It's essentially the same, shifted up by an octave and a fifth; you can play everything as it is, with a few exceptions. It was great to be able to study Anna Magdalena’s score to help resolve all the complicated questions about bowing and interpretation that you encounter when the original manuscript has been lost, and to also compare the different sources. The only problem really is No. 6, as you can imagine, as it was written for a five-stringed instrument. As far as we know, five-stringed violins didn’t exist at that time - at least, we don’t know of one. We do know that there were all sorts of other instruments and different sizes of violins; in violin bands in the seventeenth century they wouldn’t simply have had a violin, viola and cello but different sizes of each of those instruments. And players might not have been specifically violinists, but generalised string players capable of playing anything in that family. Some instruments from that time have survived and we know they’re used by Bach in his cantatas - likewise the viola d’amore, a member of the viol family - but as far as I know there was no five-string violin. Five-stringed violins have been used more recently, particularly in folk music where there are pieces with a constant drone underneath and the melody over the top.
This situation presented me with a bit of conundrum as to what to do. I did try out a five- stringed instrument I borrowed from a friend in Basel, but it didn’t quite work out; I found it was rather hard to play and | actually hurt my arm playing it because of the instrument’s bigger size, so to go for it with the same intensity was probably unwise. I then decided to play it on my own instrument, in the original key rather transposing it up a fifth (most of the piece is on the top four strings, which are equivalent to the strings of a violin), and then the notes on the C-string I played on a viola, and we patched them in! I was a bit concerned about whether it would work, but it was a lot of fun putting the jigsaw puzzle together.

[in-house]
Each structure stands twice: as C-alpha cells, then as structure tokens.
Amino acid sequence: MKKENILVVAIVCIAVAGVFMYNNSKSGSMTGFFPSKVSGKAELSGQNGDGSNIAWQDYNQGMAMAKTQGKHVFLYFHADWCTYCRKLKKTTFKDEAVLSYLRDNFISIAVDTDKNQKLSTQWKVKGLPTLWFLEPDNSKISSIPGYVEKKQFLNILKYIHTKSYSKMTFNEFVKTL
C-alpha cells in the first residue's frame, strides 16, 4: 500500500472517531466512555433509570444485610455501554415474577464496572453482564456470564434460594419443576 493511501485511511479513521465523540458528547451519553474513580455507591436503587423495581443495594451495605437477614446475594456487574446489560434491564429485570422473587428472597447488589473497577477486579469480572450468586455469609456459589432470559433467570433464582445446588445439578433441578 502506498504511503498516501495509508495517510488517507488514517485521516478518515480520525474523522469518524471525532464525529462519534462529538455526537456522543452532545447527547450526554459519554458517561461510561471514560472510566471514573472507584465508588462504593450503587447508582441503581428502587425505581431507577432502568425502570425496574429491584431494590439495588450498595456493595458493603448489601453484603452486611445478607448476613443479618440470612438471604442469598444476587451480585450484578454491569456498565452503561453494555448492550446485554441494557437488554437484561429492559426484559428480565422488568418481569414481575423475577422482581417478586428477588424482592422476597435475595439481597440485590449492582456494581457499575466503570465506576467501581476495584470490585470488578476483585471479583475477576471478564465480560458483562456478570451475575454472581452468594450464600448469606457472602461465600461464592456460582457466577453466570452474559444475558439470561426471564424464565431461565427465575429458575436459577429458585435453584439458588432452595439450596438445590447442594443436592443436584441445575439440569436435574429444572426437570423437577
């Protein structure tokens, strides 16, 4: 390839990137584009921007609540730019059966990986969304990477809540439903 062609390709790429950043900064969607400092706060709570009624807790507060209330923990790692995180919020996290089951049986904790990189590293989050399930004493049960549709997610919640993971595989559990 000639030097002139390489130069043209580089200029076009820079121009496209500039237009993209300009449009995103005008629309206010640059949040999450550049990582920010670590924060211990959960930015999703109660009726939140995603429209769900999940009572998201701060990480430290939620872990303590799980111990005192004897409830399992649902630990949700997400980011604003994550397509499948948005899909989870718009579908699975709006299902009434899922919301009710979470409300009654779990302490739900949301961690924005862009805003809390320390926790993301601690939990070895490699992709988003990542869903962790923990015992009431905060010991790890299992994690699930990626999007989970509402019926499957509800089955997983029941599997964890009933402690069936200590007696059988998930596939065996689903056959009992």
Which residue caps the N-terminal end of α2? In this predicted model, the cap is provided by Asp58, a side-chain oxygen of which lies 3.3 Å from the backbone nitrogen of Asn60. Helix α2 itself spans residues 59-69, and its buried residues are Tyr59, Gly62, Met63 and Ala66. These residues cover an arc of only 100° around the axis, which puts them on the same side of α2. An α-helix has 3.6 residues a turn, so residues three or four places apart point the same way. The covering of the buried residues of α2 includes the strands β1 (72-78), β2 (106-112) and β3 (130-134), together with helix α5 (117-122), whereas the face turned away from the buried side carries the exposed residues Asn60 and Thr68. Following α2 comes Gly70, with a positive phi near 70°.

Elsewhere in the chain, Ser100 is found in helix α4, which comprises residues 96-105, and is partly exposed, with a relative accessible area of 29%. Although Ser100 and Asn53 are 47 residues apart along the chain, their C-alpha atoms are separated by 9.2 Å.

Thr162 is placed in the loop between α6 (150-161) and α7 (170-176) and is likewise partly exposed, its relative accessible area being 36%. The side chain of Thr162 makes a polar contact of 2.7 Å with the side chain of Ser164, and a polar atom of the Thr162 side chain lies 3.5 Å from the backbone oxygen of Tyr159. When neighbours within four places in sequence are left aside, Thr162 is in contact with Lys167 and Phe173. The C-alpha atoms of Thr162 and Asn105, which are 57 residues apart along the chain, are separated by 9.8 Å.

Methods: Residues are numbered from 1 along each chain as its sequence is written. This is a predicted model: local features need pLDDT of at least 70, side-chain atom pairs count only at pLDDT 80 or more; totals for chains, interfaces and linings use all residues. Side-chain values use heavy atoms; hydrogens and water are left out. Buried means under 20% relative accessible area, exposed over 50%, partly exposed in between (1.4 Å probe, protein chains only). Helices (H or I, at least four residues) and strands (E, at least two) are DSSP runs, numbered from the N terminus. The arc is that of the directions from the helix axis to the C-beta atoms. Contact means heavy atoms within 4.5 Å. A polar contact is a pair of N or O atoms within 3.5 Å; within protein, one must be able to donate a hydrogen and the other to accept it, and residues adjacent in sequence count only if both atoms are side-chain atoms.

When performing this suite I’d obviously have to put those notes up an octave, which would be a shame as some of the musical sequences would be lost - or I'd have to have a viola player there to play those C string bits. In fact I’ve already got someone lined up to do that in a concert, which could be very entertaining! In my mind No. 6 is the most incredibly uplifting piece, and I’m so glad I did it - there were moments when I thought maybe I should just get someone else to play it, but then I decided it would be silly not to complete the set and there ended up being more pros than cons. Especially after No. 5, which is dark in mood, particularly the fugue, to follow it with the luminous No. 6 which is so bright and shiny - such a relief after the beautiful involving darkness of No. 5 which almost has an earthy character. Following that with the sudden light that shines through in No. 6, with its clarity in resonance, the way it’s written and the spacing of the chords is really an amazing experience. From a selfish point of view I’m very happy about it; I really appreciate that I got to do this, and I’d recommend it to all violinists! It gives you another take on the man himself; you can listen to pieces as much as you like but if you don’t actually play them yourself, having to recreate what’s on the page, you’re not going to experience it in the same way.
Some people might worry that to focus on a popular set of cello pieces is to gloss over equally enjoyable, but perhaps less-championed, corners of the violin repertoire that you’re in a perfect position to bring to a wider audience. Do you think that’s fair?